Costly police overtime case to go forward Federal appeals court sends 6-year-old suit back to city for trial

September 29, 1998|By Peter Hermann | Peter Hermann,SUN STAFF

A federal appeals court has ruled that a 6-year-old lawsuit on which Baltimore has already spent $1.3 million in legal fees must go forward, potentially costing the city millions of dollars in back overtime pay for police supervisors.

The Sept. 23 ruling by the 4th U.S. Circuit Court of Appeals in Richmond, Va., sends the case back to Baltimore for trial. It involves 180 sergeants and lieutenants fighting not only for the right to overtime pay, but money retroactive to 1989.

City Solicitor Otho M. Thompson vowed yesterday to appeal the ruling to the U.S. Supreme Court. "This has wide implications to other governments," said Thompson, who hired a law firm from )) Washington to handle the case.

The appeal would mean further delay in a case that was filed in 1992 by police supervisors who argued that despite being ranking officers, they had little say in policy. Therefore, they said, they should not be considered management and should be entitled to overtime pay.

"We can now get to the issue at hand, which is determining whether they are management personnel or so far down in the chain of command that they are merely carrying out the policies that are set by higher-ranking officials," said Michael Marshall, a lawyer for Fraternal Order of Police Lodge 3.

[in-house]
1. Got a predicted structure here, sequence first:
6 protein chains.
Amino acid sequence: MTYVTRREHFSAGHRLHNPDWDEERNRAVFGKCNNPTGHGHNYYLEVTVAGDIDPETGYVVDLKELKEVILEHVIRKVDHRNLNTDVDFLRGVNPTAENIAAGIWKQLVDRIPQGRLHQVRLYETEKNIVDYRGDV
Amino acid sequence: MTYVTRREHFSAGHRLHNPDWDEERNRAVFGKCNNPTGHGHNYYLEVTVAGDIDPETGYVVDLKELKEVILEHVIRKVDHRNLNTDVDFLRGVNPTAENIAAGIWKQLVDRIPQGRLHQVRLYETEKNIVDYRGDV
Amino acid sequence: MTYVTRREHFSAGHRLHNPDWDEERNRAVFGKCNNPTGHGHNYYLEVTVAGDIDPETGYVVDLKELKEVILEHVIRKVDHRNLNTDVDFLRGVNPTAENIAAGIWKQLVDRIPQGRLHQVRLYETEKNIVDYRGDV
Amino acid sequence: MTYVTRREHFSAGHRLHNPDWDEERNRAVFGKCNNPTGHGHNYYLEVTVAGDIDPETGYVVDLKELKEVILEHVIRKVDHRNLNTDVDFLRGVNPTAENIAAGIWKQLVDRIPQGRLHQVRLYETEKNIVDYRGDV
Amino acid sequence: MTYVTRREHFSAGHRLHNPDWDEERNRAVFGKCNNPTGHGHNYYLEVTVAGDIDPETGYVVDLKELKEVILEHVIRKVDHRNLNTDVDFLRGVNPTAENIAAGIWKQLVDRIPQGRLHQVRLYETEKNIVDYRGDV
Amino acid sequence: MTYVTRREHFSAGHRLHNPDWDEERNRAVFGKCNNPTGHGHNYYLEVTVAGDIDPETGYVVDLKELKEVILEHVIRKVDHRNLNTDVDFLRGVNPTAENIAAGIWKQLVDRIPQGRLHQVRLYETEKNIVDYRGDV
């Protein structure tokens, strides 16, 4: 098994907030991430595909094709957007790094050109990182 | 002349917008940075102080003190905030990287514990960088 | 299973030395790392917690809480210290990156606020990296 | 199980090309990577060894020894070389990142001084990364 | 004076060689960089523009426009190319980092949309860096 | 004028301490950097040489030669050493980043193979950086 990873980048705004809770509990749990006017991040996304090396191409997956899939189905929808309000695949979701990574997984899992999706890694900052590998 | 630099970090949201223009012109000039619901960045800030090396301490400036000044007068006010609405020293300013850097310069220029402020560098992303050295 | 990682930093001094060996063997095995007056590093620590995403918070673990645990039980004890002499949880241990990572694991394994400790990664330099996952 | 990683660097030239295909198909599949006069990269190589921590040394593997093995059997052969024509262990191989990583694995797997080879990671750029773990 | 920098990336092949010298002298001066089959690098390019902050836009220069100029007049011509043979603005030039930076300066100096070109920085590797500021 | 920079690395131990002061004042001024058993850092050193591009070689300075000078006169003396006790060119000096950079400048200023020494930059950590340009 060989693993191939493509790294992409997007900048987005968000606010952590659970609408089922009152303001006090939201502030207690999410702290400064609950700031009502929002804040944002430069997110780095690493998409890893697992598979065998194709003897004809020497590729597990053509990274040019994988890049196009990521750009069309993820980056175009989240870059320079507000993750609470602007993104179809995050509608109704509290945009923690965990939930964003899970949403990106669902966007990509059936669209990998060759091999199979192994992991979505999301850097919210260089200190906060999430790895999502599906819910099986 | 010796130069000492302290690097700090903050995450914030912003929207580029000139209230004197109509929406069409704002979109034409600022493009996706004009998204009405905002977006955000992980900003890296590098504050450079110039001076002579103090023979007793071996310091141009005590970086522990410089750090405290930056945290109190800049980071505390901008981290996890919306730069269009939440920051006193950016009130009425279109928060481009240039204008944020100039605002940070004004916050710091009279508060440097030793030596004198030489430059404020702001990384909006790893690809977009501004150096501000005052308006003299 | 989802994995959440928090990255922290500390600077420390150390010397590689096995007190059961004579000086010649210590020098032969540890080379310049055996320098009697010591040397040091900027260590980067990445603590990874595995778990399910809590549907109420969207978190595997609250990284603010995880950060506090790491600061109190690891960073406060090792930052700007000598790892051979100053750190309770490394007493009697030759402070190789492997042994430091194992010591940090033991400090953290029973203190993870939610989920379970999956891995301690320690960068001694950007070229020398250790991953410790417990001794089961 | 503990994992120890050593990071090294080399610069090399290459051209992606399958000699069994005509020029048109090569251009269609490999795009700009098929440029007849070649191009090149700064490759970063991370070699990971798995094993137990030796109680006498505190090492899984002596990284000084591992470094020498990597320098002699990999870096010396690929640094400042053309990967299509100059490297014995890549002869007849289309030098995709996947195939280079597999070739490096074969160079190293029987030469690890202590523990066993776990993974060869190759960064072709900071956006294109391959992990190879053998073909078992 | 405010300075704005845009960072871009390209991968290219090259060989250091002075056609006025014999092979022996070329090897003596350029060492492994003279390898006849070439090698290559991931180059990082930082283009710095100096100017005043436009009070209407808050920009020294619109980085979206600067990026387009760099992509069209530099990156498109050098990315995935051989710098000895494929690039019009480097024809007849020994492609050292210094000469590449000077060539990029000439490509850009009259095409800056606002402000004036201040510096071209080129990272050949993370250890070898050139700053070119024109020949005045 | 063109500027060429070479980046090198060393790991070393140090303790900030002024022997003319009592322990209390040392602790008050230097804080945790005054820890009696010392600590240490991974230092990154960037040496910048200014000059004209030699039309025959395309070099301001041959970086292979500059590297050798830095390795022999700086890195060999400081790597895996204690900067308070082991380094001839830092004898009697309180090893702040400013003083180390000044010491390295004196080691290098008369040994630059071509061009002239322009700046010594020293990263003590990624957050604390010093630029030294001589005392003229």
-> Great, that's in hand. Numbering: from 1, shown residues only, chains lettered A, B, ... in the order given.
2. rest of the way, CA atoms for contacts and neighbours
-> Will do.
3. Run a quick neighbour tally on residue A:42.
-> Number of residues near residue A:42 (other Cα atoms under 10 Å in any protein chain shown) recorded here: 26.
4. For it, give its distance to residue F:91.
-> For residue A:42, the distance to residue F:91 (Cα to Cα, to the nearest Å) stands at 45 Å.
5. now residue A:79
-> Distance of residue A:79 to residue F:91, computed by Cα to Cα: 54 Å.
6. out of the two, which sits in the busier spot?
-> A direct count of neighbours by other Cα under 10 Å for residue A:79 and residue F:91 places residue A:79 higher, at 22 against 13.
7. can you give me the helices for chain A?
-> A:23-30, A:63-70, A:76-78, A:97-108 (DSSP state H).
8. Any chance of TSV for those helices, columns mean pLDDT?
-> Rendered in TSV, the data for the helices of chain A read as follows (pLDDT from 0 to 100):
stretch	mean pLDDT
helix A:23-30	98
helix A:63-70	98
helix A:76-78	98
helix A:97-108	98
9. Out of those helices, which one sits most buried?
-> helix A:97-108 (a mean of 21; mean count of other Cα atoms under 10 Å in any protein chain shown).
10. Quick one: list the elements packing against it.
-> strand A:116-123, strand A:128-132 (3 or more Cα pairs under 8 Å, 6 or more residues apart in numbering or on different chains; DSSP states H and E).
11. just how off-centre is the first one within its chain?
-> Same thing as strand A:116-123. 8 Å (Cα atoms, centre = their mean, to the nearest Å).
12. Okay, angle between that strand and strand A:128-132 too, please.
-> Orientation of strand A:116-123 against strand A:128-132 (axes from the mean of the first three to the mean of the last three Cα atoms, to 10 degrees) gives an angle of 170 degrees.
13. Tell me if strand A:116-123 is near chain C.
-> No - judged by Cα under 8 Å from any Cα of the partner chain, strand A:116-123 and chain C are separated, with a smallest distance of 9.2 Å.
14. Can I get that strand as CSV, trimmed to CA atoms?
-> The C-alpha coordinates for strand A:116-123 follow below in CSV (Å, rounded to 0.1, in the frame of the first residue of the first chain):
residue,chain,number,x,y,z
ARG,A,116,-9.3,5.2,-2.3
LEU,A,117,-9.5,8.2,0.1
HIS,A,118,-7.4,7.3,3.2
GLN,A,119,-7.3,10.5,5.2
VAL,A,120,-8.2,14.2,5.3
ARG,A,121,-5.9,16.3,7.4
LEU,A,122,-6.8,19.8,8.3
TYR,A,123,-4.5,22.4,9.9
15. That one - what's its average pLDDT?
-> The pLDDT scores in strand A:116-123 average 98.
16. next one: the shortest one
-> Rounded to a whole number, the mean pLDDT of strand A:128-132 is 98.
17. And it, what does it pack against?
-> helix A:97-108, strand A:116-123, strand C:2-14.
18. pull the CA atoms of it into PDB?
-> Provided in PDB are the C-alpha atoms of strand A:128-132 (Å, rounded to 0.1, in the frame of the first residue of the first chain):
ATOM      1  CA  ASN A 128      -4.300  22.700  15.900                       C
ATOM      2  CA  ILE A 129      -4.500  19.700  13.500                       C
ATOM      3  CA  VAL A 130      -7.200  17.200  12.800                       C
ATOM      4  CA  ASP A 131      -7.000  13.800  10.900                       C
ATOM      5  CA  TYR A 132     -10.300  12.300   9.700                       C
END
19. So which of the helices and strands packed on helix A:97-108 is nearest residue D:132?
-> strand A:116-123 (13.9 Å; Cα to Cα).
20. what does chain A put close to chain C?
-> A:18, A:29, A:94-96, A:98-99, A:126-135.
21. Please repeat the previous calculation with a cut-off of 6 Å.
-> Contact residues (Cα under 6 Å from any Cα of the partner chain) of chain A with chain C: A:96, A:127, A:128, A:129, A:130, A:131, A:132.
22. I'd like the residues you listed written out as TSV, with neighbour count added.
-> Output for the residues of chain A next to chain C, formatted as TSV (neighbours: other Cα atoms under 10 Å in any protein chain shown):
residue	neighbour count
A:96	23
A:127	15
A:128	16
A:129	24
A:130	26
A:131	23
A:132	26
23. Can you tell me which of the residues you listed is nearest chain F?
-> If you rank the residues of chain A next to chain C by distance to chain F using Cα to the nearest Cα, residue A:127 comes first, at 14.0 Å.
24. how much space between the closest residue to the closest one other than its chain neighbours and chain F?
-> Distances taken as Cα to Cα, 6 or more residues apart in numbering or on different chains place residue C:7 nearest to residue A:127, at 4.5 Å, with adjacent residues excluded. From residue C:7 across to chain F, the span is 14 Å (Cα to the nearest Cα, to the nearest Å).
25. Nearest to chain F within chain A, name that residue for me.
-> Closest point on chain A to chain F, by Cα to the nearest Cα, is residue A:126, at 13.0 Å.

The city had asked the appeals court to throw out the case and argued that it was unconstitutional for local governments to be subjected to federal labor laws, particularly the Fair Labor Standards Act.

Had the city prevailed, the case would have had broad implications for local governments well beyond Maryland by negating overtime for many municipal workers who are entitled to the extra money under federal law.

"A successful challenge could free all state and local governments from the costly burden of overtime pay mandated by this law," according to a written explanation by the city's Law Department, justifying the $1.3 million spent to retain the Washington law firm of Arter & Hadden.

Lawyers were unable to say how much money is involved. But both sides agree that millions of dollars in back pay are at stake, and even more in future pay if the officers win.

The unanimous decision by the three-judge panel ruled that federal labor law can be applied to local government. The ruling said the judges found "the city's contention to be without merit."

Marshall said the city has wasted its money trying to get the lawsuit dismissed. He said that, in 1990, the city "could have taken that million and divided it among the plaintiffs, agreed to pay overtime in the future, and this case would have gone away."

Thompson said city lawyers expected to lose, especially after the same court ruled against Anne Arundel County in a nearly identical case last year.

Pub Date: 9/29/98

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